Picture yourself strolling a beach, perhaps stooping now and then to pick up an interesting shell. A wave comes in, recedes, and a flash of light catches your eye. There, washed by the sea, caught by the sun, is a small piece of cobalt blue glass. It is radiantly beautiful!
Sure, it may be a shard from an old Milk of Magnesia bottle — but no matter. Let’s face it: Glass, in any shape, in any setting, is pure alchemy.
To Buddhists, glass represents the pure mind, perfect insight: It reflects the five colors symbolizing the five aggregates of body and mind. In Christianity, the glass ball denotes the world of the light of God. It is also an Aboriginal symbol of the Great Spirit. All magic.
When John Cram opened New Morning Gallery in the early ’70s, the studio glass movement was just taking hold. Cram, forever quick on the cusp of a trend, exhibited perfume bottles by Mark Peiser, paperweights by Gilbert Johnson and vases by Richard Ritter.
With Harvey Littleton, called by many the father of studio glass, living in the region, it’s not surprising that Western North Carolina became a center of glass activity. Still, the expansive new show at Asheville Area Arts Council’s Front Gallery (including works by Ritter, who’s now the one known for his paperweights, and Peiser) forcefully illuminates the trend, if somewhat belatedly.
Appropriately, Peiser says his work at Front Gallery is, for him, “a personal throwback” to the early days, when things were not so formulaic. His pieces are about nothing but pure process — about how glass reacts and what it does.
“Making these pieces is just plain fun,” he goes on to say. The artist calls his new method “cold stream casting,” wherein the molten glass is extruded and collected into a mold. Peiser says it’s a little like what ceramists do to make coil pots, except the glass falls into the molds in different and unexpected patterns.
According to Peiser, the glass world has seen many changes since the old days. “In the ’70s, we assumed that we had to figure everything out. Then we found out that the Italians had all the information,” he quips.
“Today,” he adds, “there is enormous technical competence: All the processes are clearly defined. Everything is ‘off the shelf,’ and people have more of a vocabulary — but definitions have narrowed; the work is less experimental. Sometimes it is so refined that there is a different feel — the pieces fail to communicate the struggle.”
For his part, Rick Melby has always approached his glasswork with a light spirit — although, like Peiser, he says his current M.O. also favors process over content. Prodded, however, Melby begins to reminisce about growing up near the ocean and spending time on the beach picking up glass, sometimes ground and textured by the sand and saltwater. This, he says, explains the way his small, blue-topped table lamp filters the light. Melby aggressively cut the irregular blown shade of the lamp with a diamond saw, sandblasting it to give it a deeply eroded surface.
Belying its fierce birthing process, the lamp emanates a light that’s soft and restful.
One of many couples exhibiting in the show, Claire Kelly and Anthony Schafermeyer met at New York State’s Corning Museum, and in 1997, began to make collaborative work. The pair are resident artists at the Energy Exchange in Burnsville, a reclamation program that uses landfill gas to run furnaces and kilns. Kelly says the three-year residency that provided free fuel for their work will allow them to invest in equipment otherwise difficult for young artists to acquire. She’s also appreciative of the business classes the program offers. “We are learning how to market our work, and how to determine who is our target audience,” she says, adding, apparently without irony, “We have decided that our work is aimed at people with good taste and lots of money.”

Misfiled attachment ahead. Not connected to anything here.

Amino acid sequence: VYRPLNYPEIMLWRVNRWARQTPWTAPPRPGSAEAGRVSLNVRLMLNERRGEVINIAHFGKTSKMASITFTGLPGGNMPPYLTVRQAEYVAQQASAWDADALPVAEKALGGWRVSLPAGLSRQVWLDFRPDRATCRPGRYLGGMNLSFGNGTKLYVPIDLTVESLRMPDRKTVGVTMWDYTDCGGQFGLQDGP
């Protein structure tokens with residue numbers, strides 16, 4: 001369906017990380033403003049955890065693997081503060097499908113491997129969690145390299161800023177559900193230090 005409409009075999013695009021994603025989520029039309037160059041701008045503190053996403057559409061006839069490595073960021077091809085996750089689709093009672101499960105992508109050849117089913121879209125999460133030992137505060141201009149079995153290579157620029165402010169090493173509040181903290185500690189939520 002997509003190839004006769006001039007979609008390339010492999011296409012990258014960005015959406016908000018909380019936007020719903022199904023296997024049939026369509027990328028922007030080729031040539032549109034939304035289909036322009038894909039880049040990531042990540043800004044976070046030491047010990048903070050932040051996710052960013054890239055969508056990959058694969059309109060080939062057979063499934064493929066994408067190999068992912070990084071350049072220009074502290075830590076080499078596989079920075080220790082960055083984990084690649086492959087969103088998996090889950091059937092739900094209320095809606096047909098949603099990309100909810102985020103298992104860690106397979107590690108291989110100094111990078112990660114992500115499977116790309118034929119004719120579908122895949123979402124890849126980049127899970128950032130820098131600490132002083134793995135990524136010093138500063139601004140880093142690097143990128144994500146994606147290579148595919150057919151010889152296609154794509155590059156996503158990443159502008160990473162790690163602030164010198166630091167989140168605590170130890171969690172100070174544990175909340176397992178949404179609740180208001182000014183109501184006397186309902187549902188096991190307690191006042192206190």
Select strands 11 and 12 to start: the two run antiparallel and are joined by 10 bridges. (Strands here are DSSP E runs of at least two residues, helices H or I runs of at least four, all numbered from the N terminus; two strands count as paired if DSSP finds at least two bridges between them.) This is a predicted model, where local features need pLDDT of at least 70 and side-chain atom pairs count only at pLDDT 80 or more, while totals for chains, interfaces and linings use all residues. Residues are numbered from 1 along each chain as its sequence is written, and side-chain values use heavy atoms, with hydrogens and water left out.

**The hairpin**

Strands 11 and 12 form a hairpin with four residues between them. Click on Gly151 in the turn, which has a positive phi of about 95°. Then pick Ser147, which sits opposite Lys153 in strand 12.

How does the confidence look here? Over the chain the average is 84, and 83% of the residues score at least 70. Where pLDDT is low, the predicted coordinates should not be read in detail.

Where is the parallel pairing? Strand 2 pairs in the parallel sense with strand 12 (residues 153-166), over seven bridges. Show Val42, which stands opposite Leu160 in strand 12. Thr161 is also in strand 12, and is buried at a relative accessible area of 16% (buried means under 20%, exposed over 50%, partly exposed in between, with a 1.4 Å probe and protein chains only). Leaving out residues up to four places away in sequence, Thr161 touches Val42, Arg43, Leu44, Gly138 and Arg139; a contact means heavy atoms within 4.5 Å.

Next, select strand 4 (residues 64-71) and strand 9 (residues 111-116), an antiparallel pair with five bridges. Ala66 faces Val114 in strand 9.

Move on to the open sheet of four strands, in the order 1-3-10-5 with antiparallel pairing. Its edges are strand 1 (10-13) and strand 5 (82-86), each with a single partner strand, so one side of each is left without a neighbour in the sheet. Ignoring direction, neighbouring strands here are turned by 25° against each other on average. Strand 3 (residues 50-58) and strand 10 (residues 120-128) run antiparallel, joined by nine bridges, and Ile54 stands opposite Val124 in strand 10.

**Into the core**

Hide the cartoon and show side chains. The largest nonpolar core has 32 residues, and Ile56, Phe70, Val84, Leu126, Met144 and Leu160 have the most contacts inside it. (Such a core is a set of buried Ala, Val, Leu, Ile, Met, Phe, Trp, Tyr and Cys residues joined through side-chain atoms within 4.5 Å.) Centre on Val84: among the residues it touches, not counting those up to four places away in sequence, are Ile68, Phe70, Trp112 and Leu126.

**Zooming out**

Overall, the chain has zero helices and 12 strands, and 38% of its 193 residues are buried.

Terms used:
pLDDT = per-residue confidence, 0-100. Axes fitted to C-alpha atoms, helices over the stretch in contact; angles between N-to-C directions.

Although they weren’t around in the ’70s, these two boast a strong resume for young artists. Kelly and Schafermeyer enjoy connections with important glass organizations in the U.S. and abroad, and are represented in a number of commercial galleries. They, too, have learned from the Italians, employing the Venetian cane technique to create intricate patterns in bright colors.
Featuring the work of some 20 artists, the show offers a rare opportunity to see it all converge — artists who have toiled in the medium for many years exhibiting alongside others who are, enviable connections notwithstanding, just beginning. Some use ancient techniques, others make very contemporary, concept-based or mixed-media works. Once again, the Front Gallery proves its commitment to local vision.
[Connie Bostic is an Asheville-based artist and writer. Her work is currently showing as part of Road in Sight: Contemporary Art in North Carolina at Duke University.]
The couple that grinds glass together …
Interestingly, half of the artists showing their work at Front Gallery’s Legacy of Glass exhibit also share space outside the gallery. Besides the Becks, the Todds and the Bernsteins, couples include Claire Kelly and Anthony Schafermeyer and John Littleton and Kate Vogel.
“Most [blown] studio glass requires that you have an assistant to keep the glass hot through the shaping stages, to blow on the end of the pipe while you turn and shape the piece,” explains Lisa Morphew, co-curator of the Front Gallery show. “Hence, many people bond because of their love of glass, and marry because they find meaningful work together. It may be cheaper to marry than paying an assistant!”
• Valerie and Rick Beck (Spruce Pine)
• Katherine and Billy Bernstein (Burnsville)
• Rick Eckerd (Asheville)
• Shane Ferro (Penland)
• Greg Fidler (Bakersville)
• Robert Gardner (Asheville)
• John Geci (Penland)
• Claire Kelly (Burnsville)
• Rob Levin (Burnsville)